Institutional investors rushed to acquire shares of cancer drug developer Epizyme (EPZM -0.68%) in advance of a catalyst-rich 2020. Those who acted were not disappointed. In January, the Food and Drug Administration (FDA) granted accelerated approval for the company's targeted cancer drug, Tazverik, as a treatment for a rare form of cancer called epithelioid sarcoma.
Epizyme's next major catalyst should come by June 18, the Prescription Drug User Fee Act (PDUFA) date given to the company by the FDA for its next approval decision. This is the FDA's deadline to approve Epizyme's Tazverik for a second form of cancer called follicular lymphoma, specifically for patients who have already received at least two treatments. The drug garnered a Priority Review, meaning the FDA will expedite a decision within six months instead of the normal 10 months.
What is Tazverik?
Tazverik, an oral medication, inhibits EZH2, an enzyme whose expression governs the growth and proliferation of cancer cells. Epizyme estimates that 20% of follicular lymphomas, a type of blood cancer, overexpress the EZH2 enzyme. Scientific evidence supports activation of the EZH2 enzyme in response to treatment with chemotherapeutic drugs. Therefore, Tazverik could work in patients who no longer respond to chemotherapy or help resensitize patients to other cancer therapies.
Investors want this stock
Epizyme continues to garner interest from institutional investors. Investment firms with over $100 million in assets must report which stocks they own 45 days after the end of the quarter. Thus, positions held at the end of 2019 were reported in the middle of February.
According to Nasdaq, institutional investment firms own 91% of Epizyme's shares. Importantly, 41 new investors bought 11.87 million shares while 18 firms sold out their entire positions for a total of 1.32 million shares. Existing institutional shareholders acquired another 18.28 million shares while others pared down to the tune of 7.24 million shares. The result is a net of 21.6 million more shares in institutional hands.
Besides gauging institutional investor sentiment, identifying which investors are in the stock can be helpful. Epizyme's largest shareholder, Primecap, added 2.18 million shares in the fourth quarter, bringing its total to 13.66 million shares representing 13.5% of the total shares outstanding. Primecap manages nearly $140 billion, but more importantly, it has an average holding period of 28 quarters. That's right, Primecap holds an investment, on average, for seven years, and was continuing to increase its stake in Epizyme last quarter.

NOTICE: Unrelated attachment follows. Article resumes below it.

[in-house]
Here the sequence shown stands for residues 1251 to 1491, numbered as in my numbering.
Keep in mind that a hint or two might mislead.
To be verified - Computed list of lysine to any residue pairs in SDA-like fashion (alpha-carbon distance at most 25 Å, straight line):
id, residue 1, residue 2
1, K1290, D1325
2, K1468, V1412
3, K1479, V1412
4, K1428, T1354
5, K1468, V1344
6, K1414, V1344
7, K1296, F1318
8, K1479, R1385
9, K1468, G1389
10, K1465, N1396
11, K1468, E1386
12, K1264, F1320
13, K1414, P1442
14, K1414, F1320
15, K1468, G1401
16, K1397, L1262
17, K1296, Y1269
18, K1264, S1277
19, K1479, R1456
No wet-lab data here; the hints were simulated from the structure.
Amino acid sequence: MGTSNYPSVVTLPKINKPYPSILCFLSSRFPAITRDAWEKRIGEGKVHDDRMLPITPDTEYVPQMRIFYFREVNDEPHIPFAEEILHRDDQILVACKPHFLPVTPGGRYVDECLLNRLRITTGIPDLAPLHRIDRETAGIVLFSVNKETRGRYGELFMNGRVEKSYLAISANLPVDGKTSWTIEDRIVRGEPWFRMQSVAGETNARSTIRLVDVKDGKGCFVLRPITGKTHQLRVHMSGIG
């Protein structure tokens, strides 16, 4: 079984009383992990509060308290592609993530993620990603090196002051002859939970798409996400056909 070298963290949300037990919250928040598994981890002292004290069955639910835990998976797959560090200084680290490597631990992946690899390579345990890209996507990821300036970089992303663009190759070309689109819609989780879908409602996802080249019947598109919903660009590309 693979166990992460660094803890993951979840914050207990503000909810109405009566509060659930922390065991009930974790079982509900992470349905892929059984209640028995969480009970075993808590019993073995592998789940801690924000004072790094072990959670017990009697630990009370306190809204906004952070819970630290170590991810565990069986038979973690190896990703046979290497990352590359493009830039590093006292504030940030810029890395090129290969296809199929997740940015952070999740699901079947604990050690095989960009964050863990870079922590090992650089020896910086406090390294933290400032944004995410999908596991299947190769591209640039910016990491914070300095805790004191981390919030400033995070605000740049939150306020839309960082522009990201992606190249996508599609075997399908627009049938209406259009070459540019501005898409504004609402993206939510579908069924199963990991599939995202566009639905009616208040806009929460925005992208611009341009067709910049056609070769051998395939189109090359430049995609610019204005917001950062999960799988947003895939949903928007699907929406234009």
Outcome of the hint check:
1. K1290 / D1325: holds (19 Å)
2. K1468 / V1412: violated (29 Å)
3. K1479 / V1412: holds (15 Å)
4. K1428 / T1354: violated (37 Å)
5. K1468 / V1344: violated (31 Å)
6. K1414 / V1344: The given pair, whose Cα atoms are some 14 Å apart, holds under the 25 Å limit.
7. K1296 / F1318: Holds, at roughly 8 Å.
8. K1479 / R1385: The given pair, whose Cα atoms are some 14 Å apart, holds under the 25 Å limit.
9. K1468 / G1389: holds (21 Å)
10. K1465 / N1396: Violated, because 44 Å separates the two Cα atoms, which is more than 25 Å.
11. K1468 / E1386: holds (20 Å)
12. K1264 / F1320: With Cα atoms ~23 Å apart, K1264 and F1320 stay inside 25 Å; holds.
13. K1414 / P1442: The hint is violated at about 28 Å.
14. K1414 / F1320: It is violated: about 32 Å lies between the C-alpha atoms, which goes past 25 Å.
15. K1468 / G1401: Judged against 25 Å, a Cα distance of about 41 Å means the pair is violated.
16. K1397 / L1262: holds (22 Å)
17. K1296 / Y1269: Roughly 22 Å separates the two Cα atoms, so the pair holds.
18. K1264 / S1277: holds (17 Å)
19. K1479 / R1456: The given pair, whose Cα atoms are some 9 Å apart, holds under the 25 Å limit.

It's reasonable to think the decision to buy a position of that size in a company like Epizyme was the result of thorough vetting and due diligence. It does not mean the investment is without risk. However, Primecap serves as a cornerstone investor that will likely be there for the long haul, even if Epizyme encounters bumps in the road.
Epizyme's stock only fell by 15% year to date. Could hungry institutional shareholders be the reason the price hasn't dropped further? One can only speculate until the SEC filings next quarter.
What's attractive to investors?
First, Epizyme has an FDA-approved drug, a rare achievement for many biotechs. Tazverik treats a rare type of cancer generally treated by specialists at academic and clinical centers focused on sarcoma. This means a small commercial sales force can capture a significant piece of the market.
Second, Epizyme could gain FDA approval for Tazverik in relapsed or refractory follicular lymphoma in June. This presents a much bigger commercial opportunity for Epizyme. Furthermore, the company has several ongoing clinical trials to test Tazverik at all stages of the disease. Epizyme aims for Tazverik to be an option for the 14,000 patients diagnosed annually in the U.S.
Third, Epizyme holds the rights to Tazverik in all geographies except Japan where Eisai, the Japanese pharma, owns the rights. Since the main thrust of Epizyme's pipeline is the development of Tazverik and it controls most of the global rights, Epizyme makes for an attractive bolt-on acquisition for a major pharma. It's a single approved product with a slew of ongoing clinical trials to potentially expand into other types of cancer such as hormone refractory prostate cancer.
Finally, beyond Tazverik, Epizyme has an early-stage pipeline partnered with prominent pharma companies GlaxoSmithKline (GSK 1.07%), Bristol Myers Squibb (BMY -0.39%), and German family-owned pharma Boehringer-Ingelheim.
For biotech investors seeking an attractive cancer-fighting biotech to add to their investment portfolio, Epizyme may be your answer. Following institutional investors can yield positive returns and provide peace of mind, particularly in a highly technical field like biotech. Stay tuned to see if Epizyme gets its second FDA approval by June 18.